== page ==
The COVID-19 vaccine is available to those in Phase 1A, outlined by the Oregon Health Authority.The vaccine is not being offered to the general public at this time.
- Jackson County Public Health, Asante, Providence, Valley Immediate Care, La Clinica, Rouge Community Health, and Mercy Flights meets weekly on the planning and implementation of the COVID-19 vaccine distribution. More partners are being added.
- If Oregon receives a reliable supply of vaccine from the federal government, Oregon will begin vaccinating educators and school staff the week of January 25th. Jackson County Public Health will provide updates on the availability of the vaccine for this group.
- If Oregon receives a reliable supply of vaccine from the federal government, Oregon will begin vaccinating individuals 65 and older, starting with those 80 years and older on February 8th. Jackson County Public Health will provide updates on the availability of the vaccine for this group.
- There will be a drive-through vaccination event for people in Phase 1A, and people in Phase 1B, Group 1 (childcare providers, early learning, and K-12 educators and staff) at the Jackson County Expo on January 21, 22, 23. Visit https://www.asante.org/covid-19/vaccination-events/ to pre-register for this event. At this time, this event is not open to people 65 and older or the general population.
Currently vaccinating Phase 1A, Groups 1-4 (updated 1/17/21)
Jackson County is following the Oregon Health Authority vaccine priority guidance and is currently vaccinating individuals in Phase 1A, Groups 1-4. Phase 1A includes:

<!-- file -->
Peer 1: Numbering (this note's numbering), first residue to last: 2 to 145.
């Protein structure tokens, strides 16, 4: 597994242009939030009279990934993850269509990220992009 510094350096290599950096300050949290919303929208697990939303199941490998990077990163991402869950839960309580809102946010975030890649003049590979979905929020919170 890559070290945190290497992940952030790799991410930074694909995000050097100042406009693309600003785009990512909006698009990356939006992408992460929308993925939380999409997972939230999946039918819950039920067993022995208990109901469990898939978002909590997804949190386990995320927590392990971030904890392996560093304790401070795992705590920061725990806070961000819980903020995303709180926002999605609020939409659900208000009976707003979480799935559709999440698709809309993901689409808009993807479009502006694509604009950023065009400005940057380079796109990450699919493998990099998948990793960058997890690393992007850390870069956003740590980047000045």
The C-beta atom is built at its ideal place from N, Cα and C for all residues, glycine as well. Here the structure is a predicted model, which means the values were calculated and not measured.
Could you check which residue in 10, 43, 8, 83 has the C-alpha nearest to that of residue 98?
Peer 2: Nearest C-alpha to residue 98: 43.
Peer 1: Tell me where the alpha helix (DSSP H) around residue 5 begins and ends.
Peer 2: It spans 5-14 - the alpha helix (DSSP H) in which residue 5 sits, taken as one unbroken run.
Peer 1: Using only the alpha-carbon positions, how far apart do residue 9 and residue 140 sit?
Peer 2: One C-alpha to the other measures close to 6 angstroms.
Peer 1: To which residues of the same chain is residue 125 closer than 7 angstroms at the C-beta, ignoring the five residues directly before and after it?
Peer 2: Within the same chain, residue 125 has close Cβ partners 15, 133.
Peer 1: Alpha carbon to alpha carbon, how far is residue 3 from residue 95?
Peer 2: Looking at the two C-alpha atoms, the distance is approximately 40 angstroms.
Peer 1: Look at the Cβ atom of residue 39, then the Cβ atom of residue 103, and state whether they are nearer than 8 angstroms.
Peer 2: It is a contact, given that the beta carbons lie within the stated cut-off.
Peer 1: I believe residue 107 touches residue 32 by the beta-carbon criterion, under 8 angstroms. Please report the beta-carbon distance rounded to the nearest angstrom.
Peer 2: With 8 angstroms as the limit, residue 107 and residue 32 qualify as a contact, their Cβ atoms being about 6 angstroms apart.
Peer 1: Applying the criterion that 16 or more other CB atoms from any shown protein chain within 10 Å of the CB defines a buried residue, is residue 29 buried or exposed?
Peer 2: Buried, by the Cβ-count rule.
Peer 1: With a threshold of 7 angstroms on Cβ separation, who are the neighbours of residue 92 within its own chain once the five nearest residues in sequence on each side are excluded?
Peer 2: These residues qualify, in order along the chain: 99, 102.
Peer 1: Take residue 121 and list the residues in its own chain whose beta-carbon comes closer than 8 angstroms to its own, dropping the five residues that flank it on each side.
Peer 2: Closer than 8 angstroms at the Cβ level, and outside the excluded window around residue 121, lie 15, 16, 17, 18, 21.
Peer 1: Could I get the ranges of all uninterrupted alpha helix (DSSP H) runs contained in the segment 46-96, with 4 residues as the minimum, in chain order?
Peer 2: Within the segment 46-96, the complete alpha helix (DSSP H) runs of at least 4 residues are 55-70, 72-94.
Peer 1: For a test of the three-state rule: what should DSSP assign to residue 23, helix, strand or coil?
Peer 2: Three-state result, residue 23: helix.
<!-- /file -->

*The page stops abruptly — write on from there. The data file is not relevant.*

- Phase 1A, Group 1: Hospital workers, EMS, first responders including law enforcement and fire, Long Term care residents and staff, Urgent Care staff, vaccinators. Phase 1A, Group 2: Other Residential care facilities and congregate care sites including residents, HCP, all staff and contractors; hospice programs; behavioral health mobile crisis care, secure transport; individuals working in correctional settings.
- Phase 1A, Group 3: Outpatient settings serving specific high-risk groups; in-home care; day treatment services, Non-Emergency Medical Transport.
- Phase 1A, Group 4: All other outpatient, public health, early learning sites and death care workers. Includes outpatient medical clinics, dental clinics, vision clinics, physical therapy, pharmacists, school health care workers.
Where to Get Vaccinated in Jackson County
Phase 1A vaccinations will be provided through partnerships across Jackson County Public Health and the health systems. Long-term care facilities will receive vaccinations through a combination of state and federal contracts with pharmacies. OHA-approved clinical partners will also be able to vaccinate their staff and patients, in accordance with the OHA phased approach guidance.
If you are in Phase 1A, you can schedule an appointment to be vaccinated at one of the following COVID-19 Vaccine Providers:
Other vaccine providers such as La Clinica, Rogue Community Health, Mercy Flights and Providence are working directly with Phase 1A organizations to provide vaccination services. These COVID-19 vaccine providers are developing and expanding their process and capacity to vaccinate other groups in Phase 1A. More information will be available soon.